A Health Justice Approach to Abortion Rights: The Promise and Perils of Medicalizing Civil Rights

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APHA 2022 Digital Meeting

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Online/ Zoom



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Medicalization has a complicated history in the legal regulation of abortion. Although scholars do not all agree on a definition of the concept, medicalization is typically defined as the framing of a phenomenon as medical in nature and properly within the jurisdiction of medical experts in terms of decision-making authority. Feminist scholars have often viewed medicalization suspiciously, especially in the context of reproduction, since medicalization has tended to correspond with physician control over women’s bodies. This Article traces out medicalization and demedicalization in abortion jurisprudence in the United States in order to understand what happens to access to and agency over abortion decisions on the ground when it is framed as medical in the law. I find that, whether abortion is medicalized or demedicalized, women are never able to openly exercise decisional autonomy over abortion care. Instead, women’s abortion decisions are subject to oversight by either medical or legal authority.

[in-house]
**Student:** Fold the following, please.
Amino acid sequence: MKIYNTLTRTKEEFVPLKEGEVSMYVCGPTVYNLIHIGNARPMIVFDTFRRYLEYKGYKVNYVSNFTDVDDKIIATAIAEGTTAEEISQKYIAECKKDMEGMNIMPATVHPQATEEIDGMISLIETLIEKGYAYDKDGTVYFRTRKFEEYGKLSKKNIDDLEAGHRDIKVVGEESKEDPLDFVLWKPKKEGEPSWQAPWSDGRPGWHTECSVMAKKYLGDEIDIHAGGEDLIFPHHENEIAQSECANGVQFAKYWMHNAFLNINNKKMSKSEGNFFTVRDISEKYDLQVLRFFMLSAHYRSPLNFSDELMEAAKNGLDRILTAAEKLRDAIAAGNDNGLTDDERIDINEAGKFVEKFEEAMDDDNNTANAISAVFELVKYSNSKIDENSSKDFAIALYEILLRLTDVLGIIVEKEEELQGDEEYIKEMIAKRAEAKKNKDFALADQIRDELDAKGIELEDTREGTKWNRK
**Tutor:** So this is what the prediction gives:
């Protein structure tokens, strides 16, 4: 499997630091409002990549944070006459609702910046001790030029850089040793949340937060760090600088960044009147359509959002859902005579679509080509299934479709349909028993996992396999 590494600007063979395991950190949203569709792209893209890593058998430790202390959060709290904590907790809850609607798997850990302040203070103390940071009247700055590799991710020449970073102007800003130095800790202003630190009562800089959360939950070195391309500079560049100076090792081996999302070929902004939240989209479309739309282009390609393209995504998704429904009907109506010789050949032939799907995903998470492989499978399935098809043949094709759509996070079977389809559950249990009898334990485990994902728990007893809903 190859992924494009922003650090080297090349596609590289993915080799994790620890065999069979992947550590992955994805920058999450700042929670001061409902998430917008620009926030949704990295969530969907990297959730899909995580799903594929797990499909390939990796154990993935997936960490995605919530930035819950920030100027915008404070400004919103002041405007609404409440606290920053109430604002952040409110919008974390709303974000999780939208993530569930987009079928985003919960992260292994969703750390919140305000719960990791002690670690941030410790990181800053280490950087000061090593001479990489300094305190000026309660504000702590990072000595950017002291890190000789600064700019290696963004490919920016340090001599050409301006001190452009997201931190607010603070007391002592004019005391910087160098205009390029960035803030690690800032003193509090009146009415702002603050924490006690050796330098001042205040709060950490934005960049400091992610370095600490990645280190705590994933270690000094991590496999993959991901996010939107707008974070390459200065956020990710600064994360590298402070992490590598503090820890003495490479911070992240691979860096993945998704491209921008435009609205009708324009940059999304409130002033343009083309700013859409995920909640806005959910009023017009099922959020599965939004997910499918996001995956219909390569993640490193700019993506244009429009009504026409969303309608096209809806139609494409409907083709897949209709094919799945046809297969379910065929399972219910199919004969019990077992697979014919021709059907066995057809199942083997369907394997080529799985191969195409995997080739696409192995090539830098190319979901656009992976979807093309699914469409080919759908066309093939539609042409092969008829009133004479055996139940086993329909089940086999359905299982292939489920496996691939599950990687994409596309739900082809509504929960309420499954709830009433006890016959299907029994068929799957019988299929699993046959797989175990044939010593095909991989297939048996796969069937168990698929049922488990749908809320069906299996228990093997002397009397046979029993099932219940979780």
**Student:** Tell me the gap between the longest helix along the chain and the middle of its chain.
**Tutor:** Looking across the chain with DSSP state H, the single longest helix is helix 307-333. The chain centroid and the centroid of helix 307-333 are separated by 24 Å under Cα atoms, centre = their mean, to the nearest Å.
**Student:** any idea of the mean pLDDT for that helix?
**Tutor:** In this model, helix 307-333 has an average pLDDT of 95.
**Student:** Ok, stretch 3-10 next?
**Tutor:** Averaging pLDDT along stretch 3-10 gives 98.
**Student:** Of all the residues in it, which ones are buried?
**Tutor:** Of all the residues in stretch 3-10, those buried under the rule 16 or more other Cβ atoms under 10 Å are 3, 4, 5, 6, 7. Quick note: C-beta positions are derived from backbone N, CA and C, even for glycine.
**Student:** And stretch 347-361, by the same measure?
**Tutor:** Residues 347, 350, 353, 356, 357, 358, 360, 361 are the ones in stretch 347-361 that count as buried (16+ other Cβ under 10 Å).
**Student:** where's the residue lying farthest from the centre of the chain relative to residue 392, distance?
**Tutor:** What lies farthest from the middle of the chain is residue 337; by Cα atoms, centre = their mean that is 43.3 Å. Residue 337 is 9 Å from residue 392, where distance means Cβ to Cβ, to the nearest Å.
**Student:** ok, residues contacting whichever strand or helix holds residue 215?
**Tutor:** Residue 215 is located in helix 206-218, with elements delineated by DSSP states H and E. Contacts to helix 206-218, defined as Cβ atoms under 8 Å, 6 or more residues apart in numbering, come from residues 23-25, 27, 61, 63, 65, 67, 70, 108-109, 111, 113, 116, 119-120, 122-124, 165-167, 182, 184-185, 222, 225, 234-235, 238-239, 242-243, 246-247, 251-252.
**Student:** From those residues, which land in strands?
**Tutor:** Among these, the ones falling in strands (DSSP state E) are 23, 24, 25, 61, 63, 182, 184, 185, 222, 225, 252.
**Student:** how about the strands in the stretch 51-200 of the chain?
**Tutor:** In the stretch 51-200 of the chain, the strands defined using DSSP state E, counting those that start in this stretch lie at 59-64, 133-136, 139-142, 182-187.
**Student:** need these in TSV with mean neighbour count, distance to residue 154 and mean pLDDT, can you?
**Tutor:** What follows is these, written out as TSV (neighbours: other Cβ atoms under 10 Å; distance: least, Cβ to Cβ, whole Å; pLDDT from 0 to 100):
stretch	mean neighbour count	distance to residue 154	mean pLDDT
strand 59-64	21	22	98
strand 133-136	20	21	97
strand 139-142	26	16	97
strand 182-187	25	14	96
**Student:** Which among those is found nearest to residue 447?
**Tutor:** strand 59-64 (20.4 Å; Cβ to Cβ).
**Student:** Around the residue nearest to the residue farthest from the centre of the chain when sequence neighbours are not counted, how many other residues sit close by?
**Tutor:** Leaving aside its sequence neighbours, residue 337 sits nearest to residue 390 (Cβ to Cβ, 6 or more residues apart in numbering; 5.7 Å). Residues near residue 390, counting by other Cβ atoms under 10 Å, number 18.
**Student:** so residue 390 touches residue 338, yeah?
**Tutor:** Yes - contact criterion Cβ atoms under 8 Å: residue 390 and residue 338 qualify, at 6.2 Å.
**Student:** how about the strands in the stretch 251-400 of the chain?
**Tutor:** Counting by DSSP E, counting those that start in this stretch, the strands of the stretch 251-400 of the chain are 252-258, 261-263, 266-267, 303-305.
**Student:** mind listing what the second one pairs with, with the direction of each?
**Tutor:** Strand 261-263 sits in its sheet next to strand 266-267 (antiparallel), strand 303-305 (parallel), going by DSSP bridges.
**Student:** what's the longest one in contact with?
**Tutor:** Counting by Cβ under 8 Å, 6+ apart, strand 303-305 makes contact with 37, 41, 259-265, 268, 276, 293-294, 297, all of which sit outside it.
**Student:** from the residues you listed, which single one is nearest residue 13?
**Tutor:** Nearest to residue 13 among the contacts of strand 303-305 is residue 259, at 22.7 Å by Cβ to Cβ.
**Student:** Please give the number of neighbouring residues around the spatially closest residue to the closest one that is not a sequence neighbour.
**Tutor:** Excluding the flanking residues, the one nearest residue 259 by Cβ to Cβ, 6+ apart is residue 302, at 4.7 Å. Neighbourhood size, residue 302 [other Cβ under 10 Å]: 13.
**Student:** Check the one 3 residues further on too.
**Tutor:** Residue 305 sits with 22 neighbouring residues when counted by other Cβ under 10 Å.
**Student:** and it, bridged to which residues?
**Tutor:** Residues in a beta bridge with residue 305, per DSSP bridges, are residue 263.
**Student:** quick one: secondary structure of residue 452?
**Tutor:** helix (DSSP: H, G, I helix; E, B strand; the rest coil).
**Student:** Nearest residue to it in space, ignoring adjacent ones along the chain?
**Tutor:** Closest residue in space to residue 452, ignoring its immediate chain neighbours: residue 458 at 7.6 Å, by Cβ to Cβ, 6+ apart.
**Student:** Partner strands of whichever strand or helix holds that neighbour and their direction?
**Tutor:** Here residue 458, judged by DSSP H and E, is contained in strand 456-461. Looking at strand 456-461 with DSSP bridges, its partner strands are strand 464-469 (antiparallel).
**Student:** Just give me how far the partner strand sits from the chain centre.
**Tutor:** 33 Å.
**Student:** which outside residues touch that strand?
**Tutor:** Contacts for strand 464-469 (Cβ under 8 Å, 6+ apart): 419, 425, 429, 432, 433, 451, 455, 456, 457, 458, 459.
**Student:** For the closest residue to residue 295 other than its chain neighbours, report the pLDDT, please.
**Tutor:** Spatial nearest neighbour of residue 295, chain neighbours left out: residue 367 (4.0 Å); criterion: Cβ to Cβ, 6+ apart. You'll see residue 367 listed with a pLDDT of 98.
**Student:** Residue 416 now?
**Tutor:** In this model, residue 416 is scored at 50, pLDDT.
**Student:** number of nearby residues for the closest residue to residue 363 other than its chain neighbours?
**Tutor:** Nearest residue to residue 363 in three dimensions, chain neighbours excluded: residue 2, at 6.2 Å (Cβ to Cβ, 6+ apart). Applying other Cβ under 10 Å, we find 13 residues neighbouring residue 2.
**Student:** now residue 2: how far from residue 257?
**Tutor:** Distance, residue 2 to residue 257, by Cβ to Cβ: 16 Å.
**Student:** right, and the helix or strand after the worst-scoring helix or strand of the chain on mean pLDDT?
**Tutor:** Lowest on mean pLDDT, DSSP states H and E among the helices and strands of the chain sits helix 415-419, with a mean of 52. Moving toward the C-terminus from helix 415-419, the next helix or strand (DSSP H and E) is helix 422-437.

Nevertheless, after Roe v. Wade constitutionalized the issue, medicalizing abortion has tended to decrease legal restrictions on abortion care and thus increase women’s access to care on the ground. I contend that medicalization could be deployed in ways that advance reproductive rights and justice in a post-Roe world. Recently, a number of legal scholars have argued in favor of “medical civil rights —that medicalization could be used for advancing civil rights in the realms of anti-discrimination, housing, disability, and poverty rights. In this Article, I argue in favor of extending the medical civil rights approach to abortion. In particular, I argue that a health justice approach to abortion as a medical civil right could advance more equitable access to care.

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